In yesterday's New York Times, (free subscription required) I read Tim Golden's amazing story of Matt Diaz, the Navy JAG who will be released from a Navy brig later this month after being convicted of releasing the names of the 551 Guantanamo Bay detainees to a civilian lawyer who was to get the information and begin stonewalled by the Navy. As the article describes what brought him from jail worker at Gitmo to jail inmate in the brig:
Sitting at a secure desktop computer, he printed out page after page of classified information, pulling each batch from the printer in case anyone wandered by. When he was done, Diaz had assembled a document 39 pages long. In tiny type, it listed names, prison serial numbers and other information for each of the 551 men who were then being held by the United States at Guantanamo Bay...
Now, Diaz knew he was crossing a line. For nearly two weeks after printing the list, he kept it locked inside the safe in his office. On another late night, he carefully trimmed the pages down to the size of large index cards. Then, on Jan. 14, the last night of his tour, he went back to the office one more time. While his colleagues were getting ready for his farewell dinner, he slipped the stack of paper inside a Valentine’s Day card he had bought at the base exchange. It was an odd touch. The card showed a cartoon puppy with long ears and bubble eyes and the greeting, “Hope Valentine’s Day is just your style.” Diaz would later say that he chose it because it was big enough to hold the list. He also hoped the lipstick-red envelope might pass unscrutinized through the Guantánamo post office."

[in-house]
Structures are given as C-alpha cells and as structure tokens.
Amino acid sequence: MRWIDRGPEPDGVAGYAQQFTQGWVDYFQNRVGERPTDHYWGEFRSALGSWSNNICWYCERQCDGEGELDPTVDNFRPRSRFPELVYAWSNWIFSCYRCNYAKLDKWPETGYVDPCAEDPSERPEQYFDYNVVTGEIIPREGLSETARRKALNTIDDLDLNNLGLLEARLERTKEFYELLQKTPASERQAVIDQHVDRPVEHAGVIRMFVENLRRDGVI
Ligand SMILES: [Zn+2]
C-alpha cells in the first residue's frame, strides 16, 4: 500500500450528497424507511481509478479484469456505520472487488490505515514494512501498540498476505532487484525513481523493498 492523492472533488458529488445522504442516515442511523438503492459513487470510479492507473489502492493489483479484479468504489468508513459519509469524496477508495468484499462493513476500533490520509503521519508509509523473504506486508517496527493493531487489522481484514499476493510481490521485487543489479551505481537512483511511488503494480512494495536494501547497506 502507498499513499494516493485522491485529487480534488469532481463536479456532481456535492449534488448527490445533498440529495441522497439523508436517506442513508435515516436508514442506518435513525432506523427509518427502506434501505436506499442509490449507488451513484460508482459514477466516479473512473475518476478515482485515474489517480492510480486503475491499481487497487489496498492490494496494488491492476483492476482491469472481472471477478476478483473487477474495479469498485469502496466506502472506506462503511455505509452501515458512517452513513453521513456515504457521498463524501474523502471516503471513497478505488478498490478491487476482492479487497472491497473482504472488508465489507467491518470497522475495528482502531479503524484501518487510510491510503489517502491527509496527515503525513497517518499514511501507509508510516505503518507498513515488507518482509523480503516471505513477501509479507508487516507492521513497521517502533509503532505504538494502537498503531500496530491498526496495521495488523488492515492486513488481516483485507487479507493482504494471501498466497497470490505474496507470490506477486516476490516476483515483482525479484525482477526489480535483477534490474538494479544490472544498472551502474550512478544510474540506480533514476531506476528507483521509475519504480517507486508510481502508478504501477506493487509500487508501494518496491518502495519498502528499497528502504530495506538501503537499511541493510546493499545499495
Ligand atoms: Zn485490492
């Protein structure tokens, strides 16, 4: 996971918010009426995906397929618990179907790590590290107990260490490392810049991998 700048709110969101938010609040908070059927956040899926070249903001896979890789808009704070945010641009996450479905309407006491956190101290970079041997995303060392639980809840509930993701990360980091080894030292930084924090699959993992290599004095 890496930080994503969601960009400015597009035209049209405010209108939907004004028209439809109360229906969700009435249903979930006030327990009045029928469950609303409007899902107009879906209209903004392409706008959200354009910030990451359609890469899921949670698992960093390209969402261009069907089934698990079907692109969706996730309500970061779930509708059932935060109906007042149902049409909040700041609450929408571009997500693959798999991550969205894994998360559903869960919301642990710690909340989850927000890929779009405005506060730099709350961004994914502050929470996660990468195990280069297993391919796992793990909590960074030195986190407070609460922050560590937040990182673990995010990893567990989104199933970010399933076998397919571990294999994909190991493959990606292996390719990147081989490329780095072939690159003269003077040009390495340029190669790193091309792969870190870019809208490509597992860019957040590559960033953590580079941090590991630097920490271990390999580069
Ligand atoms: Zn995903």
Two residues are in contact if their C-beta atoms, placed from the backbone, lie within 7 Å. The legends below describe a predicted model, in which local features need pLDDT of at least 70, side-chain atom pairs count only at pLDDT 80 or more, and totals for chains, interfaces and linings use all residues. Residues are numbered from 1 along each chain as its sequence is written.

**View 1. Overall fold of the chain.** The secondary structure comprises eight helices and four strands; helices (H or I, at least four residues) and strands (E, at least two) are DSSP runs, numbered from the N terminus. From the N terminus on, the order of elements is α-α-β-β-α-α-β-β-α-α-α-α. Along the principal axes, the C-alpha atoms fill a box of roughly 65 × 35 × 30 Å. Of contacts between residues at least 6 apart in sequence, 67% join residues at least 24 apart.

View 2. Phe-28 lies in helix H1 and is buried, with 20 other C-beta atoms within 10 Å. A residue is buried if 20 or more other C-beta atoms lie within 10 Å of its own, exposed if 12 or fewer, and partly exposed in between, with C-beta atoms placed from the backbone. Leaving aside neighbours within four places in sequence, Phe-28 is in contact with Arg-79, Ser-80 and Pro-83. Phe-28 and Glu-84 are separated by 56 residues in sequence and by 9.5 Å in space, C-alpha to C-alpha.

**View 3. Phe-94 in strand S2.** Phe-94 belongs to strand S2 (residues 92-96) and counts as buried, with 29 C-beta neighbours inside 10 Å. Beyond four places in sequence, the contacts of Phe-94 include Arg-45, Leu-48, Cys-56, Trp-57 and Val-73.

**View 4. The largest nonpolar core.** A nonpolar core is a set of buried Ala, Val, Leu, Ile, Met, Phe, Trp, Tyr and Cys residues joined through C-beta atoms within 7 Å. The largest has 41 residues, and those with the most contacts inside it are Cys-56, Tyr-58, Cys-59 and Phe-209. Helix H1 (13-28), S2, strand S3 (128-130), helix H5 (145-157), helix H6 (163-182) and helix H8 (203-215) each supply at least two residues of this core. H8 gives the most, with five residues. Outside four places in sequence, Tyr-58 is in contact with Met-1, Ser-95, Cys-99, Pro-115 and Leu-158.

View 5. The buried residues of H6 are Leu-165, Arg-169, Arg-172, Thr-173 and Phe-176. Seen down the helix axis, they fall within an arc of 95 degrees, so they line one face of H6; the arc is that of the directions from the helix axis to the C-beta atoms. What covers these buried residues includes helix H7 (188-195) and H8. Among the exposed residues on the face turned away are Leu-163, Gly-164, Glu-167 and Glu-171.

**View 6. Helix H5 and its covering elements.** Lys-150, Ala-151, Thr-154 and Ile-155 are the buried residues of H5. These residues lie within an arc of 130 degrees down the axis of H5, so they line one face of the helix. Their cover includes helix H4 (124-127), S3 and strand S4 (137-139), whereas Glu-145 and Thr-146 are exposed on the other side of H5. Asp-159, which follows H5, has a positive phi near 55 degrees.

Matt, now around 40, joined the Navy at 17 after his father was convicted of murder in California and sentenced to die in the gas chamber. His father, Robert, was convicted of killing elderly patients during his work as a nurse. But Matt's father Robert...
"...had never been in trouble with the law. No one had seen him inject the patients with lidocaine. Nor, despite the high levels of unmetabolised lidocaine in their bodies, was it certain they had been murdered. But Robert Diaz was the only nurse who was on duty when all of them died, and he sometimes carried preloaded syringes of lidocaine in his pocket. Two vials of the drug were found in the search of his home. (Robert said he had simply forgotten to empty his pockets before leaving work.) Prosecutors never offered a motive for the killings, but Diaz was arrested in November 1981 and charged with the murders of 12 patients.